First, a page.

Elias is a little older than Walker, but has about as much experience. He's pitched better though and is 0-1 through four starts with a 3.24 ERA. He has yet to get through a start without giving up an earned run though, and has a very high home run to fly ball ratio of 13.3% on the year. He's also a lefty and has given up 17 of his 20 career home runs to right-handed batters - so expect to see Steve Pearce, Delmon Young and Paredes hitting from the right side. He also faced Chen in his lone start in Camden Yards, which came last year. He pitched well in that game, but the Orioles still won the game 2-1. Manny Machado is 3 for 5 against him including a double.
Wei-Yin Chen is another one of the Orioles rotation who's got an ERA below 3.00 (2.53). He took the loss in his last start against the Angels, but he pitched well. Chen's only bad start on the year came all the way back in the opening series at Tampa Bay. Robinson Cano is 7 for 28 against him, but that includes two doubles and a home run. Obviously like Elias, Chen is also a lefty but the Mariners feature a lot of left-handed batters in their lineup and Chen pitches well against them.
Thursday: Chris Tillman vs. J.A. Happ
Tillman missed his last start with back pain...reports were that's been an on and off issue for him for a while. Maybe that explains his slow start to the season? His ERA is back up to 6.34 after the five runs he gave up to the Blue Jays. To me, Tillman's only good start this year came on Opening Day. I think it's fair to say he's been the most disappointing player on the team this season. But, he does own a 6-0 record with a 2.03 ERA against the Mariners. Looking at some stats, Tillman has pitched better against the Mariners than any other team. Maybe he likes pitching against the team that traded him away? Those guys still have to be kicking themselves for that trade, even after all these years.
The Orioles should know J.A. Happ pretty well after spending the previous few season with the Blue Jays. So far, he seems to be having a career year with the Mariners, going 3-1 with a 2.98 ERA (which would be his lowest ever). His strikeouts per nine innings are down a little, but he's giving up less walks as well, which has driven up his strikeout to walk ratio. But the Orioles have seen him a lot. Adam Jones is 7 for 23 including a home run. Steve Pearce is 6 for 18 including two homers. But in three starts in Camden Yards, he's got a 2.50 ERA and 17 strikeouts...so this may not go well.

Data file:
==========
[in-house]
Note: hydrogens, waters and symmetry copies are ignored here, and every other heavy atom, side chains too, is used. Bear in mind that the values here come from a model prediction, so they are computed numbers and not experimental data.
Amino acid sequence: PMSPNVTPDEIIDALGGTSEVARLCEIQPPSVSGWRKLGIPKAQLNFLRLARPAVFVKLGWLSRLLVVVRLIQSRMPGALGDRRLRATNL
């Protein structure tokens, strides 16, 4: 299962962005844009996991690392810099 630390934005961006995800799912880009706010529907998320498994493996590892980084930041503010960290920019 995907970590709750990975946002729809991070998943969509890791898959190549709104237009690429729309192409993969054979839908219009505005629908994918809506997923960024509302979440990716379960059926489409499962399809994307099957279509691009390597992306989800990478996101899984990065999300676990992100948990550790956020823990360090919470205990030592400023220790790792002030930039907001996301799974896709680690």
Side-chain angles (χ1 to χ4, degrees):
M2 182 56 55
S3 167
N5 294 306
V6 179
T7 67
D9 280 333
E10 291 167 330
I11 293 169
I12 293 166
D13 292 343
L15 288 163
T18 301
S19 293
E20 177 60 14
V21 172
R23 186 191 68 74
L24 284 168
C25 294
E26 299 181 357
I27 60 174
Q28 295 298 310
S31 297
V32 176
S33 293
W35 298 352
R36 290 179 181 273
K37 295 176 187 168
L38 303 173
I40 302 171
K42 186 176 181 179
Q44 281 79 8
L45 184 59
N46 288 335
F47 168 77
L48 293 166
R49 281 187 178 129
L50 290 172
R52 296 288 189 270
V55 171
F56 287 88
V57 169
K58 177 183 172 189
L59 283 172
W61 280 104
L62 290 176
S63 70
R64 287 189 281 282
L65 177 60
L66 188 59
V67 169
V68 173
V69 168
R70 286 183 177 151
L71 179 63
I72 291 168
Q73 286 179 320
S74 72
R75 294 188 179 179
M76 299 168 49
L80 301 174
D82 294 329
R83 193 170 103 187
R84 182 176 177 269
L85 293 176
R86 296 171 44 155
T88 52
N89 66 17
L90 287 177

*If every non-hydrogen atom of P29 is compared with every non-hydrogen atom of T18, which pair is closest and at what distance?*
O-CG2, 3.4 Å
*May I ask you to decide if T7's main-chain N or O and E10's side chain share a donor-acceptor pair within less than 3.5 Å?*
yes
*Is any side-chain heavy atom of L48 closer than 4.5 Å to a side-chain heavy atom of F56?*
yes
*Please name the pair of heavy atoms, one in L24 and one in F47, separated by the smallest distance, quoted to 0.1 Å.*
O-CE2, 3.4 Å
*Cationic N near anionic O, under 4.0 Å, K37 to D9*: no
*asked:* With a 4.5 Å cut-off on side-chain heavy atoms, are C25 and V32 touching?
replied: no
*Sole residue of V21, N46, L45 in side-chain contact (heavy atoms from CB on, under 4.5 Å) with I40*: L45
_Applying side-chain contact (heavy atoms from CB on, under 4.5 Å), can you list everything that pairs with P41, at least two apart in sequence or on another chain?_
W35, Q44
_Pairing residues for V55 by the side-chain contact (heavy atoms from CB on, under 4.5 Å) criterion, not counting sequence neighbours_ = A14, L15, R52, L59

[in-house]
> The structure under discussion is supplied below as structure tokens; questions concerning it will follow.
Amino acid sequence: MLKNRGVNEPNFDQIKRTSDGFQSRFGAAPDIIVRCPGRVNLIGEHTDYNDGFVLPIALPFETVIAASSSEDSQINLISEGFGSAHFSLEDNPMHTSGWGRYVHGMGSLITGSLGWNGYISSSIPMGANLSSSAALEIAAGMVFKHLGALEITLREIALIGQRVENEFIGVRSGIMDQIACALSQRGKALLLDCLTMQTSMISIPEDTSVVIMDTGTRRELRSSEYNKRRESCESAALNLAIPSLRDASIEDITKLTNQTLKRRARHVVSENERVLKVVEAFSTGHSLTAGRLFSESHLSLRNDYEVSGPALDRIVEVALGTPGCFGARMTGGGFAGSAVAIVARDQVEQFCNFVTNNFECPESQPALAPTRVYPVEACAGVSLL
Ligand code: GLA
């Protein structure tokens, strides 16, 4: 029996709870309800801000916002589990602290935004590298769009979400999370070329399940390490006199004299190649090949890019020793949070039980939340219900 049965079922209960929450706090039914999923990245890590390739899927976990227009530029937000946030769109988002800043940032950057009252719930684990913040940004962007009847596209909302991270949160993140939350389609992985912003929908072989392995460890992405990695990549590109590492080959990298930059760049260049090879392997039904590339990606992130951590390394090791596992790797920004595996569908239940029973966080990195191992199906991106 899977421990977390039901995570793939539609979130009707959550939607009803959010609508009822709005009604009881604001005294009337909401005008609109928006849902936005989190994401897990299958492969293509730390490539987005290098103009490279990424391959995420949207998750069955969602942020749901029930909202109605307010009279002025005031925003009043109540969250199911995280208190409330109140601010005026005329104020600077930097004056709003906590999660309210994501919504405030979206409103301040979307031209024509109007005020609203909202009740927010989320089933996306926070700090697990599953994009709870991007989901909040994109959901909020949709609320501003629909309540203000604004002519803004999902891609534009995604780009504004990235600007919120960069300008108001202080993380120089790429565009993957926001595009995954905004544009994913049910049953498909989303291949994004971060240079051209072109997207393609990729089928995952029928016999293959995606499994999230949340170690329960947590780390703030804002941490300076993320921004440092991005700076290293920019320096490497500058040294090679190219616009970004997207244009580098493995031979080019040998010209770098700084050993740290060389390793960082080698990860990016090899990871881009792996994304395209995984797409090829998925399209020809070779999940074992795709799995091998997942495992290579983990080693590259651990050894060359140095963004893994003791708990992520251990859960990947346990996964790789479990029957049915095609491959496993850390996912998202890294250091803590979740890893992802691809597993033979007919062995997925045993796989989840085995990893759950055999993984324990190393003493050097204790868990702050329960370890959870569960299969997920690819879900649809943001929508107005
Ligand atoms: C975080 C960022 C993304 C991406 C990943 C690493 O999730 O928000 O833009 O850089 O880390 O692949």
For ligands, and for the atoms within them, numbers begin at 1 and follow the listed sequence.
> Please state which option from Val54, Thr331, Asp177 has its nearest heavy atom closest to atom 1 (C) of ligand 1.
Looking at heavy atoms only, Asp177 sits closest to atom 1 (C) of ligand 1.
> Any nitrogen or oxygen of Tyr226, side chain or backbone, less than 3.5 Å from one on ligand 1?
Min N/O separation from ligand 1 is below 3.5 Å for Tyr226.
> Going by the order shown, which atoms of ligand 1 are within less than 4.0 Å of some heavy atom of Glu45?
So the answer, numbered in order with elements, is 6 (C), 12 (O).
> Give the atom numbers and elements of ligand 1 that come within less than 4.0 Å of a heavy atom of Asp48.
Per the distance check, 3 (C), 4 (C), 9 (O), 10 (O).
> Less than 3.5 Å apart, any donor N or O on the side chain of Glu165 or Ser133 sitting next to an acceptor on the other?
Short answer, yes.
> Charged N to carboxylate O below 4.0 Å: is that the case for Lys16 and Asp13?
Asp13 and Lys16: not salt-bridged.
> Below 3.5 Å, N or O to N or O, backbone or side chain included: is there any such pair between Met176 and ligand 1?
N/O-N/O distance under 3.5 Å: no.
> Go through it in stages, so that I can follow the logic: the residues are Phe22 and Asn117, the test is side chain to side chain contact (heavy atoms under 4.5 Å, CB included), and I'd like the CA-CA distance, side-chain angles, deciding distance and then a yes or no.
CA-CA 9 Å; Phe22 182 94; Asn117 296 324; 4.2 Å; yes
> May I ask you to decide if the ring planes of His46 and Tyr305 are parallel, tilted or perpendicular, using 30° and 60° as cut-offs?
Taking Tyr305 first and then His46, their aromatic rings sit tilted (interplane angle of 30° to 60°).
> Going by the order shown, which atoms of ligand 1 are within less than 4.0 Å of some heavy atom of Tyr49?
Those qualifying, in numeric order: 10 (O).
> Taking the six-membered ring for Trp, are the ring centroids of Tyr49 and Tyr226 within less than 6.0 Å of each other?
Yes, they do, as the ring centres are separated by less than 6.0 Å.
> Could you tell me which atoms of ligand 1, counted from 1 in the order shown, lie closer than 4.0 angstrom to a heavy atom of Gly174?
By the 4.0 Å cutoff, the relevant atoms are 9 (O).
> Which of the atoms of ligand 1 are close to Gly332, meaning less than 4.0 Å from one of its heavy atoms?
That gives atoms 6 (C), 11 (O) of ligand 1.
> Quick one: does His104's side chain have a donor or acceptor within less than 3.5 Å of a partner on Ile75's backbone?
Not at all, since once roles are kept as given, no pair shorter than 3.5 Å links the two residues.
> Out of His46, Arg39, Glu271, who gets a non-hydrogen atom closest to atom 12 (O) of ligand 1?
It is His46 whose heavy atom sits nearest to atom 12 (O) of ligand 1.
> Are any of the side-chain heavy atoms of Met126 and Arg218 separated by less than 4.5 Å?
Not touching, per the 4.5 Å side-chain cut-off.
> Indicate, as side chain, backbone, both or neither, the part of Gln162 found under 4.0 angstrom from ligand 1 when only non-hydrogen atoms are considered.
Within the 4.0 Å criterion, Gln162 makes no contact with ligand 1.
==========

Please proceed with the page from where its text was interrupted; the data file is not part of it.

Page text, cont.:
- Even though Happ is doing well, the Orioles will miss the Mariners best pitcher (and one of the best in all of baseball), Felix Hernandez.
- How can we not discuss Nelson Cruz's return to Baltimore? For a guy that was only here one season he certainly made quite the impression. He did very well with the O's last season on his one year "show me" deal, and both sides got what they wanted out of it. Even though he's doing great so far this year, let's not forget he did the same to start 2014, only to slow down for a while in the summer before picking it back up again slightly to end the season. But still, April and May were his best months. Wait until the season's over before totally regretting him leaving. Or better, wait until the end of that four year contract.
- Streak watch: Jimmy Paredes' hit streak may have ended Friday vs. the Angels, but since he got a walk in that game and a hit in the two other games, his "safely reaching base" streak is now 15 games (If only he could play the field....) Manny Machado had a similar streak end at 20 in that Angels series.
Wow - really starting to regret ever starting this section. I've been pretty bad picking these games, but then again the Orioles have played pretty bad baseball. Based on the pitching matchups and the fact the Mariners are missing their starting center fielder, I'm tempted to say they'll win two of three. But I don't have a lot of confidence this team can really do that. Currently, the O's are in a stretch where they're playing 17 of 20 games at home. So far, they've played six of those and are 3-3. Remember last year when they were barely in front of the division after the All-Star Break and they went to the west coast for ten games, they went 6-4, beating our expectations and it seemed like that told us who that team was?
With 17 of 20 games at home, what record would a playoff team get in that stretch? 14-6? 15-5? Lets' say 14-6...to get there the Orioles need win 11 of these next 14. Can they do it? Yes. Will they? I obviously have my doubts. So I'm going to cop out here and not make a prediction for this series, but turn this into a prediction on the season. If they can't find a way to win even 9 or 10 of these next 14 and turn their season around now, I'm not sure how they can do it going forward.